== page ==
While I agree that this build (and it's variations) isn't the best team player, the obscurement is only really a problem if your team have spellcasters who rely on seeing the target of their spells. Martials are unlikely to be hindered due to the fact that most of the time, Darkness won't really be applying disadvantage to their attacks.
 


Hohige

Explorer
Maybe at those tables with only one encounter
with a single powerful enemy every long rest... Which I'll admit seems to be the norm among the new guys who despise traditional dungeon crawling.
Well that doesn't seem the reality of the facts.
In dungeons, Darkness is common and this build has excellent exploration tools.
120fts Darkness means that you will apply triple advantage to all creatures that cannot see in the dark or if you only have 60fts darkvision. This in practice makes a lot of difference. Really.
Also, amazing stealth and magical guidance to be reliable.

Another detail:
Out of decisive combat with a single target boss and without spending resources.
Hit and Run tactics, Booming Blade has triple advantage all the time. in matters of positioning and AC, in practice, the Shadow Sorcerer almost never takes damage. Never ever.

Triple advantage Firebolt or Hit and Run Booming Blade is arguably better than any melee in "normal" dungeon combat. His attacks are reliable, while standard melee character isn't. The Shadow Sorcerer will certainly deal more damage than other melee characters.

The feeling I have is that this Shadow Sorcerer is untouchable and It always hits, critical hits are very frequent.
 
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Charlaquin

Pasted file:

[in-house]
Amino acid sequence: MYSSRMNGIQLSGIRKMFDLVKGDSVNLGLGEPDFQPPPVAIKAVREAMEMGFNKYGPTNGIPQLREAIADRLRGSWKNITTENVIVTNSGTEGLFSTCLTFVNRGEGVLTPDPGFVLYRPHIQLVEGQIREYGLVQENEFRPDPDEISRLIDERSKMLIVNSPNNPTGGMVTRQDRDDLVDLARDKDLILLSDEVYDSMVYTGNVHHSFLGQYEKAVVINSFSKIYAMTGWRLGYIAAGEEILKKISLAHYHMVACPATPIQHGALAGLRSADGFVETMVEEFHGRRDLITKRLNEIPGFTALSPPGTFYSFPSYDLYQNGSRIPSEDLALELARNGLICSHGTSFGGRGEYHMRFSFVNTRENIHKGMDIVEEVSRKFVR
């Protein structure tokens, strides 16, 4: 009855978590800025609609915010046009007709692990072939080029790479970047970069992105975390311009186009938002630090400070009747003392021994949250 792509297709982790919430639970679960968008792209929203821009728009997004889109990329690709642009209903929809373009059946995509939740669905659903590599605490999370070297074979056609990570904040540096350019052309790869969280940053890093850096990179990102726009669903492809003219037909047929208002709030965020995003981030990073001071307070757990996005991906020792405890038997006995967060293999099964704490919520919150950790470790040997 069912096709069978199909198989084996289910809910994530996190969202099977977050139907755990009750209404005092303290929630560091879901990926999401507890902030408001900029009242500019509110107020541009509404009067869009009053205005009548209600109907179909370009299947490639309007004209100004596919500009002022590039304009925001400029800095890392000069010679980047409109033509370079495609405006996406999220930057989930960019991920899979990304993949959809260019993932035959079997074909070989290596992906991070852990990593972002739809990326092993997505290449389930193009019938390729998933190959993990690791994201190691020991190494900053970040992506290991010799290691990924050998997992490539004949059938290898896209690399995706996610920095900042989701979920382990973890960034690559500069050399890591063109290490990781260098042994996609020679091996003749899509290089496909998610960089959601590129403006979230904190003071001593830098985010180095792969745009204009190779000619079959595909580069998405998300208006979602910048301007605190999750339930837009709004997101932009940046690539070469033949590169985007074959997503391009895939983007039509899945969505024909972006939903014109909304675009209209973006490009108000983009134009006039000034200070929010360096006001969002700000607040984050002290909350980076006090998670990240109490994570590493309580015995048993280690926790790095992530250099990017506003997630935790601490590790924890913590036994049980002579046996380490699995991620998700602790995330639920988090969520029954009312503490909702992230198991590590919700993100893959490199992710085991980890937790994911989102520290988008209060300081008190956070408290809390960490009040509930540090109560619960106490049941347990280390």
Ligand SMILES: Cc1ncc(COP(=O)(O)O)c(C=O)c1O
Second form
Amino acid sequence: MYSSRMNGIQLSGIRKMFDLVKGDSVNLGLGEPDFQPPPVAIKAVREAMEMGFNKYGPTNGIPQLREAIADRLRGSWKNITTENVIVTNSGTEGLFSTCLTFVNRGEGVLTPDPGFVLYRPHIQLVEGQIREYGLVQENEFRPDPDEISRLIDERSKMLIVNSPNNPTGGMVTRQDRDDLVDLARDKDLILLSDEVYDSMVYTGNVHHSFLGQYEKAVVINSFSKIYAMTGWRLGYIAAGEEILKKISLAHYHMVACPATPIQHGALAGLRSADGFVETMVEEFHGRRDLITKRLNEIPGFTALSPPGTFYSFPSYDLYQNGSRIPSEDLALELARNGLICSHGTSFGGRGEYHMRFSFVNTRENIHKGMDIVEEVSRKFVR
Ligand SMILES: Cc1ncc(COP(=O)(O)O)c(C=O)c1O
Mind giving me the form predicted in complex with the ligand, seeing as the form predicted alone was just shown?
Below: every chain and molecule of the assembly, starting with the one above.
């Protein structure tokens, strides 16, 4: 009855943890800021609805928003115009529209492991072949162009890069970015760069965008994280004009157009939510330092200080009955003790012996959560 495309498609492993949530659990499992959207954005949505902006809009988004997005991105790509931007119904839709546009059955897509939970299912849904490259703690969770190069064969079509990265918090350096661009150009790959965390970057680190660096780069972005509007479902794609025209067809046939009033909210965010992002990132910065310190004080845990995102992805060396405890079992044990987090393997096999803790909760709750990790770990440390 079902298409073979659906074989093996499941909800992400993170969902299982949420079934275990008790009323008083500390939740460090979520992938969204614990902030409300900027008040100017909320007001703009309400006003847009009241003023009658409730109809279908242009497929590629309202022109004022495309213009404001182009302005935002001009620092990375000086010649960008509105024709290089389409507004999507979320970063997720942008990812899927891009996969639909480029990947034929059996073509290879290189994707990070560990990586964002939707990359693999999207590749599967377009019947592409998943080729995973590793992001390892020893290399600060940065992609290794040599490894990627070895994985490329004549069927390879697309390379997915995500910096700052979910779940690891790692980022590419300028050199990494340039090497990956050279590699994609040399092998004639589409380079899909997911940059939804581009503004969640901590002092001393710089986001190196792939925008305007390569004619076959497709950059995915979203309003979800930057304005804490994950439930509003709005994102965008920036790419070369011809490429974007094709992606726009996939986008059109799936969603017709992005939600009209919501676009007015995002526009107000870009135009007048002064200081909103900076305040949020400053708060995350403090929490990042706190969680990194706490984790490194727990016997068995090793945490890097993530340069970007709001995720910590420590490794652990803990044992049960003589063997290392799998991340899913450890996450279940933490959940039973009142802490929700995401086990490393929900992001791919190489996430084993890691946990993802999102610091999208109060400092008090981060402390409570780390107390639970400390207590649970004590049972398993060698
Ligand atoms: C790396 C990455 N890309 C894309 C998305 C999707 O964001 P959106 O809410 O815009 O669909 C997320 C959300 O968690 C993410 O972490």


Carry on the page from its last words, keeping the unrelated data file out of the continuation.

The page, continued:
Goblin Queen
While I agree that this build (and it's variations) isn't the best team player, the obscurement is only really a problem if your team have spellcasters who rely on seeing the target of their spells. Martials are unlikely to be hindered due to the fact that most of the time, Darkness won't really be applying disadvantage to their attacks.
Yeah, the disadvantage you get for not being able to see your target does cancel out with the advantage you get due to them not being able to see you. The bigger problem though is the part where you can’t see your target. That’s going to cause problems beyond a simple dice penalty, such as casters not being able to use spells that require seeing the target, and martial characters having to rely on sound. Plus your opponents can easily try to hide from you if you can’t see them.
 

Charlaquin

Goblin Queen
So the character holds the glaive with two hands and casts a ranged spell as a reaction when an enemy comes within 10ft. (Firebolt I assume.)
On their turn, they move towards their opponent if necessary, draw the dagger, make a booming blade action, sheathe the dagger, and move away from their opponent, putting both hands back onto the glaive.
Technically you need Dual Wielder to be able to draw and sheathe a weapon on the same turn, since it uses your object interaction. I know a lot of DMs are more generous with such interactions than what RAW allows, but it’s something to be aware of and discuss with your DM before assuming it will work.